Lanka’s exports to EU reaches EURO 4.4 bn in 2018 | Daily News


 

Lanka’s exports to EU reaches EURO 4.4 bn in 2018

Denis Chaibi, the new Ambassador of the EU Delegation
Denis Chaibi, the new Ambassador of the EU Delegation

The new Ambassador of the EU Delegation in Sri Lanka Denis Chaibi, Ambassador said that Sri with a trade surplus of EURO 1.3bn in favor of Sri Lanka.

“However, Garments and Articles of Textiles accounted for over 58% of exports to the EU in 2018. He added that not all Tariff lines in the Garment Sector were accommodated under the GSP+ facility, while the Sri Lankan Garment Sector in general had a relatively high import content of inputs in the case of many Tariff Lines. In this context the potential for Sri Lanka to diversify and expand exports to the EU was very high.”

He made these comments at the Annual General Meeting of the National Chamber of Exporters (NCE) held on January 28, at the Hotel Galadari in Colombo.

The NCE has been working closely with the previous Ambassador of the EU in Sri Lanka as well, who in fact was the Chief Guest at the AGM of the Chamber last year.

He was supportive of the Chamber, regarding its initiative to introduce a Certificate of Conformity (COC). The NCE is also grateful for the assistance received from the EU under its Trade Facilitation Project, wherein the Chamber has been working closely to implement activities, in collaboration with the International Trade Centre in Geneva.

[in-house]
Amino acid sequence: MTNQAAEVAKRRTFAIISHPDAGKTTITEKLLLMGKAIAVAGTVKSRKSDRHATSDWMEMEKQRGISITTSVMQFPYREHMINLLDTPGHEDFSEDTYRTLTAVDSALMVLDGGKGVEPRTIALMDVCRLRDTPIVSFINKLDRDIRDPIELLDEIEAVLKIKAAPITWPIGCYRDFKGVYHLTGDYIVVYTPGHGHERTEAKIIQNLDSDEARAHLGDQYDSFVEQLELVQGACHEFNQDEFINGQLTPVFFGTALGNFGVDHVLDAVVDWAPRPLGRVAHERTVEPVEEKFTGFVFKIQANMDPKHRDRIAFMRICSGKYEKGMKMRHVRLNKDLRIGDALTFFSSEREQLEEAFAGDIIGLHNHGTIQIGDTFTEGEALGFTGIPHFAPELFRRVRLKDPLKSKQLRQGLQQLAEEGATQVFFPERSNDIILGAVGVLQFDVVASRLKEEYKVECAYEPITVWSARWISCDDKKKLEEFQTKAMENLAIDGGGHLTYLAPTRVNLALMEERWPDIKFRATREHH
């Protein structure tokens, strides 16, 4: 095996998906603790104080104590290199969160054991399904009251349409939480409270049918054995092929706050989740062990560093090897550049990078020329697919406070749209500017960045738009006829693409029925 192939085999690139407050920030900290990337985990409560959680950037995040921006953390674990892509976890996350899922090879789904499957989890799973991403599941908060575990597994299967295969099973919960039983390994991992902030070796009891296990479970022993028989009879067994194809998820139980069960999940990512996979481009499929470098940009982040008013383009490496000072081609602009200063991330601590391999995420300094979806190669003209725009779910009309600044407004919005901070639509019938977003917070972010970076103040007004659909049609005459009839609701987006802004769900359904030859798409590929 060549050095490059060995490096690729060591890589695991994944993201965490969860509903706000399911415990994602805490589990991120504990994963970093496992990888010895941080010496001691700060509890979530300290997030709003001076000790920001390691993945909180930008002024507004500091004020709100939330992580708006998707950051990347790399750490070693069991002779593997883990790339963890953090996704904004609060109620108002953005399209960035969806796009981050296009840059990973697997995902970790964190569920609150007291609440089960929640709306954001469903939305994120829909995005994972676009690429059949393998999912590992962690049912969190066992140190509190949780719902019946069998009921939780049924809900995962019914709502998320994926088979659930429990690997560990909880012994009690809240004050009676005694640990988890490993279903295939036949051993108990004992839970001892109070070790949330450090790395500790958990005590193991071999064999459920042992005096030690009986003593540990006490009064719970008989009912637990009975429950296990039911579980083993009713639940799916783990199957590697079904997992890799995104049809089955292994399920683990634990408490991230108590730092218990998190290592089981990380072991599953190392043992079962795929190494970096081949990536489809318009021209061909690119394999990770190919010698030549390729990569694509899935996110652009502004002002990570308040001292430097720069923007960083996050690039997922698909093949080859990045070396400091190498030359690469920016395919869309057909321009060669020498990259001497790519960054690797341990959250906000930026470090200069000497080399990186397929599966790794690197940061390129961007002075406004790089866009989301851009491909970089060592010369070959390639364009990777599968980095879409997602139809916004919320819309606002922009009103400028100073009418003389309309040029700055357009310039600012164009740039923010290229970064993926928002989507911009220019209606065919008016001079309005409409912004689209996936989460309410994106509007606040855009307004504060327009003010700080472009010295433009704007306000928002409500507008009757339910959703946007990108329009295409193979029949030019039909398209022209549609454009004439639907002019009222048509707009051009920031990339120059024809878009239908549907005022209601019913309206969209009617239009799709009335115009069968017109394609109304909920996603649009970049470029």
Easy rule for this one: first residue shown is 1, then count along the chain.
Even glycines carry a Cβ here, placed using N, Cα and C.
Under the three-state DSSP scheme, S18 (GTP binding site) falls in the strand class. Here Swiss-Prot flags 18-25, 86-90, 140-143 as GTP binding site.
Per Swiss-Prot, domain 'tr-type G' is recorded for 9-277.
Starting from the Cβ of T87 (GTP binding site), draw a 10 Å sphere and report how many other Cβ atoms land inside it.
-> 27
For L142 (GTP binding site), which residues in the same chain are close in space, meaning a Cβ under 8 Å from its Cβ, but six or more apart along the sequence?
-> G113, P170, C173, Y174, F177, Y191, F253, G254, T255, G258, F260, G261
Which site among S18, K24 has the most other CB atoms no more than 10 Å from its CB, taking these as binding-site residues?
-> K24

The Chamber will continue to work closely with the new Ambassador as well in all these endeavours which have been very beneficial to Sri Lankan Exporters.

The Ambassador pointed out that, with Sri Lanka becoming an Upper Middle Income Country in 2019 according to the World Bank definition, a three year transition period has been triggered from January 1st 2020 wherein the GSP+ concessions hitherto enjoyed by Sri Lanka for exports to the EU Market will expire in 2023, subject to Labour and Human Rights conditions being met to enjoy the concessions in the interim period.

He added that Sri Lanka’s Trade with the EU will face challenges due to the expiration of GSP+ and also due to BREXIT, compounded by increasing competition from countries such as Bangladesh and Vietnam, who have adopted more open Trade Policies compared to Sri Lanka. In this regard he pointed out that during the period 2013 – 2018 Bangladesh and Vietnam have been able to increase their exports to the EU by 70% and 80% respectively, while Sri Lanka’s exports have increased only by 20%, mostly due to the GSP+ facility. Further according to the Ambassador the strategic location of Sri Lanka although an advantage will not be sufficient to overcome future challenges in the EU Market, vis-vis competitors unless a more open Trade Policy is adopted.

In this regard it was further stated that although there was great movement in the 1980s to reduce trade barriers in Sri Lanka, by 2010 the level of protection was back to the levels that prevailed in the pre-1908 period, with the inclusion of Non-Tariff Barriers. However, it is the view of the Chamber that in the preceding one or two years, Sri Lanka has proceeded to remove progressively prevailing Non-Tariff Barriers in the form of CESSES and other Levies, moving towards a more open Trade Regime.